Donbass (2018) ****

April 20th, 2019
Author: Meredith Taylor

Writer/Dir: Sergey Loznitsa | Cast: Valeriu Andriuta, Boris Kamorzin, Sergey Kolesov | Drama | Ukraine/Ger/France/Neth/Romania/Russia | 110

Donbass today is a conflation of the Donetsk and Luhansk regions of Ukraine, and an important mining region since the late 19th century, when it became heavily industrialised. Sergey Loznitsa’s drama set in the region opened this year’s Un Certain Regard strand at Cannes.

In March 2014, following the 2014 Ukrainian revolution and Russian military intervention, large swaths of the Donbass seethed with unrest that eventually erupted in a war between pro-Russian separatists affiliated with the self-proclaimed unrecognized Donetsk and Luhansk People’s Republics, and the post-revolutionary Ukrainian government. Until the ongoing war, Donbass – which borders Russia – was the most densely populated of all the regions of Ukraine, apart from the capital city of Kiev. Before the war, the city of Donetsk (then the fifth largest city in Ukraine) had been considered the unofficial capital of the Donbass.

And it is during this troubled period of history that the Ukrainian born filmmaker sets his follow-up to last year’s Cannes title A Gentle Creature (he has made a film every year since his 2012 In The Fog: The Letter; Maidan; The Event and Austerlitz. Elliptical and visually striking, DONBASS does lack a certain warmth, focusing on its formal rigour and an evocative sense of emptiness, it is a piece that will certainly appeal to the diehard arthouse crowd.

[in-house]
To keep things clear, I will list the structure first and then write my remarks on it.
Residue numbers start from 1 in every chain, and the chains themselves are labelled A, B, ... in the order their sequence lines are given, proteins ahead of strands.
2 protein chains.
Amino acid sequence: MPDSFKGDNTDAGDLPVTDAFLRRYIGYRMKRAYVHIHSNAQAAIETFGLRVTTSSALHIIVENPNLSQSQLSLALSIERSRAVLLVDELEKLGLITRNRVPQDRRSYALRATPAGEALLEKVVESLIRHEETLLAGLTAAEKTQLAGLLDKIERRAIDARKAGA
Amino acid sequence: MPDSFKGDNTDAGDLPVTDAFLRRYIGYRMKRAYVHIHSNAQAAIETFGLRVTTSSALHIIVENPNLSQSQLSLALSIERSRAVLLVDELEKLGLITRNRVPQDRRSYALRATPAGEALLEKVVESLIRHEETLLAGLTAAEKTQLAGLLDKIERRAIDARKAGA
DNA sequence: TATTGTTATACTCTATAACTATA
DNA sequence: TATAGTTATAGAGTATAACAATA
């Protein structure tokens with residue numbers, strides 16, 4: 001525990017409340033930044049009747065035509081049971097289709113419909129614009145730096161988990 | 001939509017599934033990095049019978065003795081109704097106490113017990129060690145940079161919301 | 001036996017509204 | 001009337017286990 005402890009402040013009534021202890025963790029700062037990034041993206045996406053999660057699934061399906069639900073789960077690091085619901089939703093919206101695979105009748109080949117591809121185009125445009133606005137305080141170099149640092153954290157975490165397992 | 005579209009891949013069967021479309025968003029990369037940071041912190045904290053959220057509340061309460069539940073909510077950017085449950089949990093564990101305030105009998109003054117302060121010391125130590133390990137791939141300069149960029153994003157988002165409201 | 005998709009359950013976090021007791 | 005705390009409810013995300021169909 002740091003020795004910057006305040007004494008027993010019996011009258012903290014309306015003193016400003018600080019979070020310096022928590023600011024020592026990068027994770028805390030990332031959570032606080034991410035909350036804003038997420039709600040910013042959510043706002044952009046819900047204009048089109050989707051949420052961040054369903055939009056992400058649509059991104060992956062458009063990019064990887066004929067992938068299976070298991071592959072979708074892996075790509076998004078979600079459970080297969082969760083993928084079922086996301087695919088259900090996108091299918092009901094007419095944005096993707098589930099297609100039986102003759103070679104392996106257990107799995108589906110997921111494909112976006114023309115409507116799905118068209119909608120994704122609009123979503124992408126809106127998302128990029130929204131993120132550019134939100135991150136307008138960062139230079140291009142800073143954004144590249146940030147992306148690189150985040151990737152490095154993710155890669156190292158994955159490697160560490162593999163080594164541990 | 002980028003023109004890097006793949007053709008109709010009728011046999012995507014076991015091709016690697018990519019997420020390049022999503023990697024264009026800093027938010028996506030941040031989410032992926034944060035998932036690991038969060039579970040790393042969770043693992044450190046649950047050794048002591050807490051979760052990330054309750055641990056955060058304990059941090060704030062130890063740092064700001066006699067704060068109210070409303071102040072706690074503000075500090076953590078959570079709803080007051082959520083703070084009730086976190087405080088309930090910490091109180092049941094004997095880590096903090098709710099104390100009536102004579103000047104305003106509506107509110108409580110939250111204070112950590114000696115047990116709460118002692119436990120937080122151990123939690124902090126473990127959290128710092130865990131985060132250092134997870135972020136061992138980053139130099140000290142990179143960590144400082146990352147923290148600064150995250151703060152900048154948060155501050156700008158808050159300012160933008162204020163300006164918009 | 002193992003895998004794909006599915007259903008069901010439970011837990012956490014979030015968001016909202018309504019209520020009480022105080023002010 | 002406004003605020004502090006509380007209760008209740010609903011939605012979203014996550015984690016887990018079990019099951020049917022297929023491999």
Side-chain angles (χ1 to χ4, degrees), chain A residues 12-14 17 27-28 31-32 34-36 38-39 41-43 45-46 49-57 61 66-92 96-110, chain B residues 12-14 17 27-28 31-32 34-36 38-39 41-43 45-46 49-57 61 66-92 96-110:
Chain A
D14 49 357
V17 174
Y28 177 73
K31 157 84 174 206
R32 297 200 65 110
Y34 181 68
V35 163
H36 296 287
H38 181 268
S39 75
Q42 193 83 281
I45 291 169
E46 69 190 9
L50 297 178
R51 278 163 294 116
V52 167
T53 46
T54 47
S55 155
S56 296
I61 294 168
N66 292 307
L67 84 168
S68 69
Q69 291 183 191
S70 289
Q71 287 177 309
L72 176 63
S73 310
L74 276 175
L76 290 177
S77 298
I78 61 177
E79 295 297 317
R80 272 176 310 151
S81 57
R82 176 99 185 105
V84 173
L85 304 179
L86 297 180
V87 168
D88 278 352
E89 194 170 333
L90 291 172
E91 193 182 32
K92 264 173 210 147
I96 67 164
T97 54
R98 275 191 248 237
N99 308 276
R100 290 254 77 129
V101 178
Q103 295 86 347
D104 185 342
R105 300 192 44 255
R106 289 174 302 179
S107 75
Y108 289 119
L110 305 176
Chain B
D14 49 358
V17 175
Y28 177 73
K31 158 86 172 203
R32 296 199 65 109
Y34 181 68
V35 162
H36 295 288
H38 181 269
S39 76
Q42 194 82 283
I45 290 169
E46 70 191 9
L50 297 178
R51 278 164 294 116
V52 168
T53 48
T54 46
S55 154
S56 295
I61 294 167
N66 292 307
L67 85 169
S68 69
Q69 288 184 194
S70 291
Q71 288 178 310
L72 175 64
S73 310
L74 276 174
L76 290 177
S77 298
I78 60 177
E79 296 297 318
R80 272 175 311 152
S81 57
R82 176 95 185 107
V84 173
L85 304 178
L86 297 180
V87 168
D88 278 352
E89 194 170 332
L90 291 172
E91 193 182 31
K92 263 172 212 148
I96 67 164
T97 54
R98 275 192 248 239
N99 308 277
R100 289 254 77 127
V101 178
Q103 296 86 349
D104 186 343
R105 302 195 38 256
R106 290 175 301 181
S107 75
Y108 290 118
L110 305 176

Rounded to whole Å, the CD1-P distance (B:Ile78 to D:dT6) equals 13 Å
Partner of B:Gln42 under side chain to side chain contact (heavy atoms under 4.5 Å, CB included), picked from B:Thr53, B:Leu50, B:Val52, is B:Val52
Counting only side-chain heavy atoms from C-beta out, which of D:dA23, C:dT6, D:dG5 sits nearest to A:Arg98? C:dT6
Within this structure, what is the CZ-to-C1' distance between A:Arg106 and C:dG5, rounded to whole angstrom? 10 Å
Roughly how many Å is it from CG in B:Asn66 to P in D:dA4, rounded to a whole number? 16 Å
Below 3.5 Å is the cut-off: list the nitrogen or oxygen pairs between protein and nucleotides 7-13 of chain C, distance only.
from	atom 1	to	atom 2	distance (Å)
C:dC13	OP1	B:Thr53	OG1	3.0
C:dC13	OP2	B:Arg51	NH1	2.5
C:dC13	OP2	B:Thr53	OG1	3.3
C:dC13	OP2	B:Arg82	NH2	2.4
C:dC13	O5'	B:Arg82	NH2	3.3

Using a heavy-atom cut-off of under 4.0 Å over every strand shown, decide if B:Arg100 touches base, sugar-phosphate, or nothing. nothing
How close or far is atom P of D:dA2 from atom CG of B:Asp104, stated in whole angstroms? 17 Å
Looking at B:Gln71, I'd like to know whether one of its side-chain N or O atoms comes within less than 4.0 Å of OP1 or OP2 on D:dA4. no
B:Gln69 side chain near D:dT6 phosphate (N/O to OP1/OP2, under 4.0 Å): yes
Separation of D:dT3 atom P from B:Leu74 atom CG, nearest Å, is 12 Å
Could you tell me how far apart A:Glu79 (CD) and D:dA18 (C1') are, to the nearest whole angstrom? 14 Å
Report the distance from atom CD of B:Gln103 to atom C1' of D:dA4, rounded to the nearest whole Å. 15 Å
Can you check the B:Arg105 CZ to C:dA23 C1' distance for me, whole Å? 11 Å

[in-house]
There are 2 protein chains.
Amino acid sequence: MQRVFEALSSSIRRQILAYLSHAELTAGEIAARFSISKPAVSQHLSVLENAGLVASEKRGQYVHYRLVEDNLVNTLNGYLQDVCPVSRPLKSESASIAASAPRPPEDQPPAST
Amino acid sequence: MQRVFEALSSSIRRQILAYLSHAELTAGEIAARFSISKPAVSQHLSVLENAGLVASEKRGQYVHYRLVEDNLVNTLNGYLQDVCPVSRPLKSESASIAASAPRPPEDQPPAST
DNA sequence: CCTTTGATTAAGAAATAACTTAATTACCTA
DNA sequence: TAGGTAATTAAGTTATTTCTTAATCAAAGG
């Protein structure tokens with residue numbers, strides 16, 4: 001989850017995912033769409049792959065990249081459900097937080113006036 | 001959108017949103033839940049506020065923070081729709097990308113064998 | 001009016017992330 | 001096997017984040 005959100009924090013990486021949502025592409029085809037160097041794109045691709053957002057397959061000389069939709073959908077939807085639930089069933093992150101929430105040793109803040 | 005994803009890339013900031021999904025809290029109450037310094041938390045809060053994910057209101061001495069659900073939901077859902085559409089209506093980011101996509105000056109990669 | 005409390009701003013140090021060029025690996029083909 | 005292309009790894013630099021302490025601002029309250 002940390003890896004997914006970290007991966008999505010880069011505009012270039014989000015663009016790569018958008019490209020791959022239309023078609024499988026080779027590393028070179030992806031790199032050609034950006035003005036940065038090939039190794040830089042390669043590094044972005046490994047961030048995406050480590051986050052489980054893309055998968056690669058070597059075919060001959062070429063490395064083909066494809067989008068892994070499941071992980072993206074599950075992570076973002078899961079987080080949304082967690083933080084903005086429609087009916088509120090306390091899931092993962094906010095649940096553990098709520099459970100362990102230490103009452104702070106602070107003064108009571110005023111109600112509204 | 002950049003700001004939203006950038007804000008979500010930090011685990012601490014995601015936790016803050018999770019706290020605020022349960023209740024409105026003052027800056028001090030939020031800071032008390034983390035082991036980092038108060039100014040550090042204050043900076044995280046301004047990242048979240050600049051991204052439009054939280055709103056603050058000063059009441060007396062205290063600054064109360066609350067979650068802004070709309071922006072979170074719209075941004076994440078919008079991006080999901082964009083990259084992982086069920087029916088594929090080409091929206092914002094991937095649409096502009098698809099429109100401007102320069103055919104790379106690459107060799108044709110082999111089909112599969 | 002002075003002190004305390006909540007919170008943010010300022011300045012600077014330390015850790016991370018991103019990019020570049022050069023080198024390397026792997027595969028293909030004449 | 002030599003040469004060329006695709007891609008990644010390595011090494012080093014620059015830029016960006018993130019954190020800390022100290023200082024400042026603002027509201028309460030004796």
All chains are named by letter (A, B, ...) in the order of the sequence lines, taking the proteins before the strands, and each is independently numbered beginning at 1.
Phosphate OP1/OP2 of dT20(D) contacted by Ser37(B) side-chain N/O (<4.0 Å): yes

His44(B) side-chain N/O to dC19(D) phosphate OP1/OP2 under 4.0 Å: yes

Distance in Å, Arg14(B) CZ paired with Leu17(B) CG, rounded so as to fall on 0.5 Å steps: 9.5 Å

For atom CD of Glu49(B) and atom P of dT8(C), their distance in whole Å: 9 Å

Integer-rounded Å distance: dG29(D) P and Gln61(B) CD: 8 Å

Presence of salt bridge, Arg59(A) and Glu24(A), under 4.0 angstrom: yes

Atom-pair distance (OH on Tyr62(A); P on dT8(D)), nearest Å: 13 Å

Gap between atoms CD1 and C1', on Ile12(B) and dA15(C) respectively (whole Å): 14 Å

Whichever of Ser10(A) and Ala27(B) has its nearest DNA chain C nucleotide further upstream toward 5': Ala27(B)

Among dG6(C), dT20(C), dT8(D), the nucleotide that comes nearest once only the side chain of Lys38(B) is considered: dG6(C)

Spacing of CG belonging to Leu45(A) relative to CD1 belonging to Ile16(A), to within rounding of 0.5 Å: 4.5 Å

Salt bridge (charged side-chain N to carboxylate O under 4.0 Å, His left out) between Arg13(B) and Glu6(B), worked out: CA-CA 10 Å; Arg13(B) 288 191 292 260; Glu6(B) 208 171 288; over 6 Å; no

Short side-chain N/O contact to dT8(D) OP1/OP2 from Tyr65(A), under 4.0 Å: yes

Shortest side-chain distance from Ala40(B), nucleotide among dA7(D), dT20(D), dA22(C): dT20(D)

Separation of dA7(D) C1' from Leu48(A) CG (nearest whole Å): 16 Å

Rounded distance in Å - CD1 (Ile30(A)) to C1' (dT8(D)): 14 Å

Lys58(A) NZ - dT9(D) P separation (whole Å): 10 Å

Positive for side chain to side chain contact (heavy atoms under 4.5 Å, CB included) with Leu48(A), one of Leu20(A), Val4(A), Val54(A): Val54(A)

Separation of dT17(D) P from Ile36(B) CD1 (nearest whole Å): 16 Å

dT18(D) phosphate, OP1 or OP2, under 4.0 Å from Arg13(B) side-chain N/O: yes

The narrative follows but does not focus on any particular character, as a series of interconnecting vignettes gradually unfold that will be more engaging for audiences intimately familiar with the situation, rather than to outsiders looking in. There is a haunting scene where a prisoner (Valery Antoniuk) gets lynched by a crowd of locals who believe him to be a member of a Ukrainian execution squad. But nobody seems safe in this combattive, hostile and unpredicatble environment fraught with sudden explosions as gunfire rumbles continually in the background. The director conveys a palpable sense of generalised chaos and desperation.

Loznitsa collaborates again with DoP Oleg Mutu (who also lensed A Gentle Creature). This is a muscular and intelligent piece of filmmaking, but one that will have the most appeal to keen historians and ardant fans of this accomplished and fascinating director.MT




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